Ahh Bananas, we’ve all known and loved them as the classical snack, but did you ever imagine that bananas are more than just a delicious yellow companion to your morning cereal?
The surprise is bananas, the potassium-rich and humble treat, aren’t your typical fruit. Interestingly, they’re not classified as fruit—they’re berries! And berries are different than fruits, and we’re here to tell you all about it. Get ready to uncover the truth behind the misconception; Let’s explore their fascinating reality!
What’s the difference between fruits and berries?
Botanically speaking, a berry has three distinct fleshy layers:
- the exocarp (outer skin)
- mesocarp (fleshy middle)
- endocarp (innermost part, which holds the seeds).
- As an example, the exocarp is the outer skin of a grape, the mesocarp is the fleshy middle, and the endocarp is the jelly-like insides that store the seeds.
- Other berries, such as banana and watermelon, have the similar layered structure, however their exocarps are tougher, taking the form of a peel and an outer layer.
- In addition, to be a berry, a fruit must have two or more seeds and the fruits must develop from one flower that has one ovary.
Are bananas actually berries?
- The misunderstanding developed thousands of years ago when people began calling certain fruits “berries” before botanists developed a detailed classification of the many sorts of fruit.
- Even though this classification exists, most individuals are unaware of it. Botanists sometimes debate on the actual classification of various fruits, which adds to the confusion.
- A banana is both a berry and a fruit, according to botanical studies. By the way, if it’s a berry, it’s automatically a fruit.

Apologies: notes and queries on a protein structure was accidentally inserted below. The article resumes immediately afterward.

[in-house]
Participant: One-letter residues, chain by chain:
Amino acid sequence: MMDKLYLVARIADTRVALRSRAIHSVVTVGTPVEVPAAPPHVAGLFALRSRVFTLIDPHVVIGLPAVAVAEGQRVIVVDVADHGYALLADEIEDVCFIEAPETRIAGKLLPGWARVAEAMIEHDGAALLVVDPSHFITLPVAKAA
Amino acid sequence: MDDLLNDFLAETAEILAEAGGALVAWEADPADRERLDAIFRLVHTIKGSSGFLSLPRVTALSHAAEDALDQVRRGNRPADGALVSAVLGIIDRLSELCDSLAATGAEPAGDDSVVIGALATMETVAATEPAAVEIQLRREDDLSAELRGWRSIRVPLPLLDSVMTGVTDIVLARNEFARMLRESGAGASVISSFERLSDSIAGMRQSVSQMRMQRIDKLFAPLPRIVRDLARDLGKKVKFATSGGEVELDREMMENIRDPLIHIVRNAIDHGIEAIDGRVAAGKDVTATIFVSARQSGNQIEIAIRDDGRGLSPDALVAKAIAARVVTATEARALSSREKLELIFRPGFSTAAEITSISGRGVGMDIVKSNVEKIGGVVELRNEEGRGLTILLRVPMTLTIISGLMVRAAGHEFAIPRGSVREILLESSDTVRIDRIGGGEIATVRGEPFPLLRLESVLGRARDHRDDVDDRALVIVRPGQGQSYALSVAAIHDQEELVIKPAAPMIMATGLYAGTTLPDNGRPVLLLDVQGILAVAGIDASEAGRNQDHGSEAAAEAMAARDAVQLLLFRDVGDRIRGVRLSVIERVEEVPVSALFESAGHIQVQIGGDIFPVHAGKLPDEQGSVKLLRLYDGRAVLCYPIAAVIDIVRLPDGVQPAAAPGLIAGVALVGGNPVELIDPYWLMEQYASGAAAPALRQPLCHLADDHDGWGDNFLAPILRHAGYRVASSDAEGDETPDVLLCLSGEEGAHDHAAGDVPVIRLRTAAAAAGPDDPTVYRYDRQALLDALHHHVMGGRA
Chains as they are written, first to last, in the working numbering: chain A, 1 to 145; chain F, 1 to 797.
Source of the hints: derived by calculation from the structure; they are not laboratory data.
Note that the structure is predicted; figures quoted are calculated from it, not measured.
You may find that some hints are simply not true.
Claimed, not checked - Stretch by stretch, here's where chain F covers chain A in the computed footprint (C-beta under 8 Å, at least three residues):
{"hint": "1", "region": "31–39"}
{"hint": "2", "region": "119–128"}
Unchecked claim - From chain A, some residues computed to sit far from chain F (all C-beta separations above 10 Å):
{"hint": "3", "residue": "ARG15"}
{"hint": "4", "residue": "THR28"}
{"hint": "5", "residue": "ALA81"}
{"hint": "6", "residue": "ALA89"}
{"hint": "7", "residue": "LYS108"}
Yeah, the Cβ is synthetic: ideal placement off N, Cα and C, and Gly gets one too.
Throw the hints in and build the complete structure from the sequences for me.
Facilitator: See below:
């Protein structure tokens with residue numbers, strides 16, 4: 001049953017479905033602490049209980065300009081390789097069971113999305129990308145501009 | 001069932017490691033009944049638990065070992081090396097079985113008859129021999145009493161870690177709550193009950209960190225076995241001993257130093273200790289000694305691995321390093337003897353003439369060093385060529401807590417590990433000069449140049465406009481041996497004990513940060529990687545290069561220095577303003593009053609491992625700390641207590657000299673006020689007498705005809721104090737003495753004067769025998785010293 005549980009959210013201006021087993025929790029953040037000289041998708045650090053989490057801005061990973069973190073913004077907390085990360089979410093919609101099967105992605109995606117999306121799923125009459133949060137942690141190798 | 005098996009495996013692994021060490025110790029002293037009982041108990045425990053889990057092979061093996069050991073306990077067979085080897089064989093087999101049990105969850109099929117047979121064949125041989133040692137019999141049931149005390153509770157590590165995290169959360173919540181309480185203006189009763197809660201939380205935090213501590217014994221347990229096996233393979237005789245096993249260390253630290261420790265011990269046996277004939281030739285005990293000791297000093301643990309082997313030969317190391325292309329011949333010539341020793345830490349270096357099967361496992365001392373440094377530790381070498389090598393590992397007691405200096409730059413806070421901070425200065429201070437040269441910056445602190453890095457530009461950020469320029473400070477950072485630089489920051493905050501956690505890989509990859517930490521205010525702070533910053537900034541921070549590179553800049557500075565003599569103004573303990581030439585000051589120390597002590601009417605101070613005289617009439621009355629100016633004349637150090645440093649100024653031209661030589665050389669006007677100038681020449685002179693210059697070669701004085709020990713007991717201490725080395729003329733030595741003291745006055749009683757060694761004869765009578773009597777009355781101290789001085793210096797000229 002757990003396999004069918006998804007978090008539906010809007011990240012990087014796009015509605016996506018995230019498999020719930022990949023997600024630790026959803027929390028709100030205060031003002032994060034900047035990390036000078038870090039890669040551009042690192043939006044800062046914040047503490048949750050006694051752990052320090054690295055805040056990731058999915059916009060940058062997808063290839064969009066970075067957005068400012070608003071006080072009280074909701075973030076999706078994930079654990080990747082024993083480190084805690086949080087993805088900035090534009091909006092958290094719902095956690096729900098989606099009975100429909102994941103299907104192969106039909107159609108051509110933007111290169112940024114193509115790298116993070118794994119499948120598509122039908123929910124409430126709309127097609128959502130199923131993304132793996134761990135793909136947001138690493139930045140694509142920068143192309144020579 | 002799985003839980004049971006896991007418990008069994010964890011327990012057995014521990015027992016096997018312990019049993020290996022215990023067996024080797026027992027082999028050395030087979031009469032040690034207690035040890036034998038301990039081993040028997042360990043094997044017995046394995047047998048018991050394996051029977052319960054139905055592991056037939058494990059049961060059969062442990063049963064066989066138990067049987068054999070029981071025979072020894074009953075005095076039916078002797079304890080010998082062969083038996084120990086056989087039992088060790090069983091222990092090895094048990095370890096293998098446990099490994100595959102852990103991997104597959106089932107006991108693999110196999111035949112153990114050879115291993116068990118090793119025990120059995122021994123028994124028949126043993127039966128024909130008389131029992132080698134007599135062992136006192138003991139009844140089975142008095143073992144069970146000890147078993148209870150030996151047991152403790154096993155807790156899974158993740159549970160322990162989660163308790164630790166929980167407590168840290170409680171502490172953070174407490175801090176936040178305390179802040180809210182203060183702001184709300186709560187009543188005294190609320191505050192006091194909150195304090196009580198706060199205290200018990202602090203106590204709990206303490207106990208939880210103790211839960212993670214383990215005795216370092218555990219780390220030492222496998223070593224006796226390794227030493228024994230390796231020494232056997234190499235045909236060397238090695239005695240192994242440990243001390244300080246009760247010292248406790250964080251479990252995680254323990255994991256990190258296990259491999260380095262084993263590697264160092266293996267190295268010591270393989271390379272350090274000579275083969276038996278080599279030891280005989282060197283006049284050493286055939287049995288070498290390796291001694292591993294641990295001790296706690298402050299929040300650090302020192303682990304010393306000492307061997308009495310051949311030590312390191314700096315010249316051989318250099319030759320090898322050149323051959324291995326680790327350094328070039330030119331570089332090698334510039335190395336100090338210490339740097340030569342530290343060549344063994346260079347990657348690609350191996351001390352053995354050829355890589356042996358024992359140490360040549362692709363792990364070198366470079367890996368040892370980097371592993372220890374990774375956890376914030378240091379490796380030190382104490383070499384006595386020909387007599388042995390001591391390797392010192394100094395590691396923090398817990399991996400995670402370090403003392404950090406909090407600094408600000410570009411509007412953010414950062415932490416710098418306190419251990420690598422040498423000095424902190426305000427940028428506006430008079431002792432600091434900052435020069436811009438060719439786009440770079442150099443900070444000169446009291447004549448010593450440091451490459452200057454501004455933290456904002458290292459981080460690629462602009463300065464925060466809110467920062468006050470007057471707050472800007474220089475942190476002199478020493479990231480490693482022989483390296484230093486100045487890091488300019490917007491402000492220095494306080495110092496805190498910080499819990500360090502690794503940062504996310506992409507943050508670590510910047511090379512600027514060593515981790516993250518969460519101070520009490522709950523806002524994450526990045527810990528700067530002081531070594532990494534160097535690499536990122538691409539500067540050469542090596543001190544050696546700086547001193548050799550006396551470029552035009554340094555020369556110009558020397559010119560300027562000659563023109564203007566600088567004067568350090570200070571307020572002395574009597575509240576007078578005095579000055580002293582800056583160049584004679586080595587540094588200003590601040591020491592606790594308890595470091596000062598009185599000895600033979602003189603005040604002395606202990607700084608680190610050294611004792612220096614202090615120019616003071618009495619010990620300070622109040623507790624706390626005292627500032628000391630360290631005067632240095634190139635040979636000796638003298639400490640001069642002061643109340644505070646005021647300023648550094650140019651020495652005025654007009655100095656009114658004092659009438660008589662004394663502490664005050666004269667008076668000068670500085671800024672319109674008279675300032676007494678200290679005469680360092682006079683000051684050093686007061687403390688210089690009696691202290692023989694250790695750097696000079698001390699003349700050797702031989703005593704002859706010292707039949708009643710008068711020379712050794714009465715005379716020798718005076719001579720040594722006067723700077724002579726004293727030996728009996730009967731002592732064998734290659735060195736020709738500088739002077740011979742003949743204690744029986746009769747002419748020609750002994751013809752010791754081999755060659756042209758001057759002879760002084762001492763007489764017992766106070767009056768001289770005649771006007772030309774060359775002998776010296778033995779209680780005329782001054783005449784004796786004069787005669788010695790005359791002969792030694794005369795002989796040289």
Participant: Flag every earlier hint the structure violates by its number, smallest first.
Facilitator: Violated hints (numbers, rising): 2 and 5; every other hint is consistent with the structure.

- Here’s how it works:
1. The banana flower has a single ovary, which develops into a single banana.
2. The banana also features a velvety peel, luscious flesh, and numerous tiny seeds. To be precise, the seeds are so little that you probably don’t feel or sense them when you eat a banana.
3. So, bananas are actual berries, though we’ll be the first to acknowledge that we don’t think of them as berries in the way most of us do.
What are other fruits that are berries?
Among the botanically described berries with culinary uses are:
- Berries in the strictest sense: including bananas and plantains, blueberries, cranberries, coffee berries, gooseberries, red-, black- and white currants, tomatoes, grapes and peppers (Capsicum fruits)
- Hesperidina: citrus fruits, including oranges, lemons and limes
- Pepos: squashes, cucumbers, melons and watermelons
As our journey to peel off the secrets to a banana’s originality has come to an end, who would have thought that our beloved bananas are actually berries in disguise?
Nature always has a way of surprising us with its quirky classifications. So, the next time you peel open that potassium-packed delight, remember that you’re indulging in a berry bonanza! It just goes to show that even in the world of fruits, things aren’t always as they seem. Happy peeling!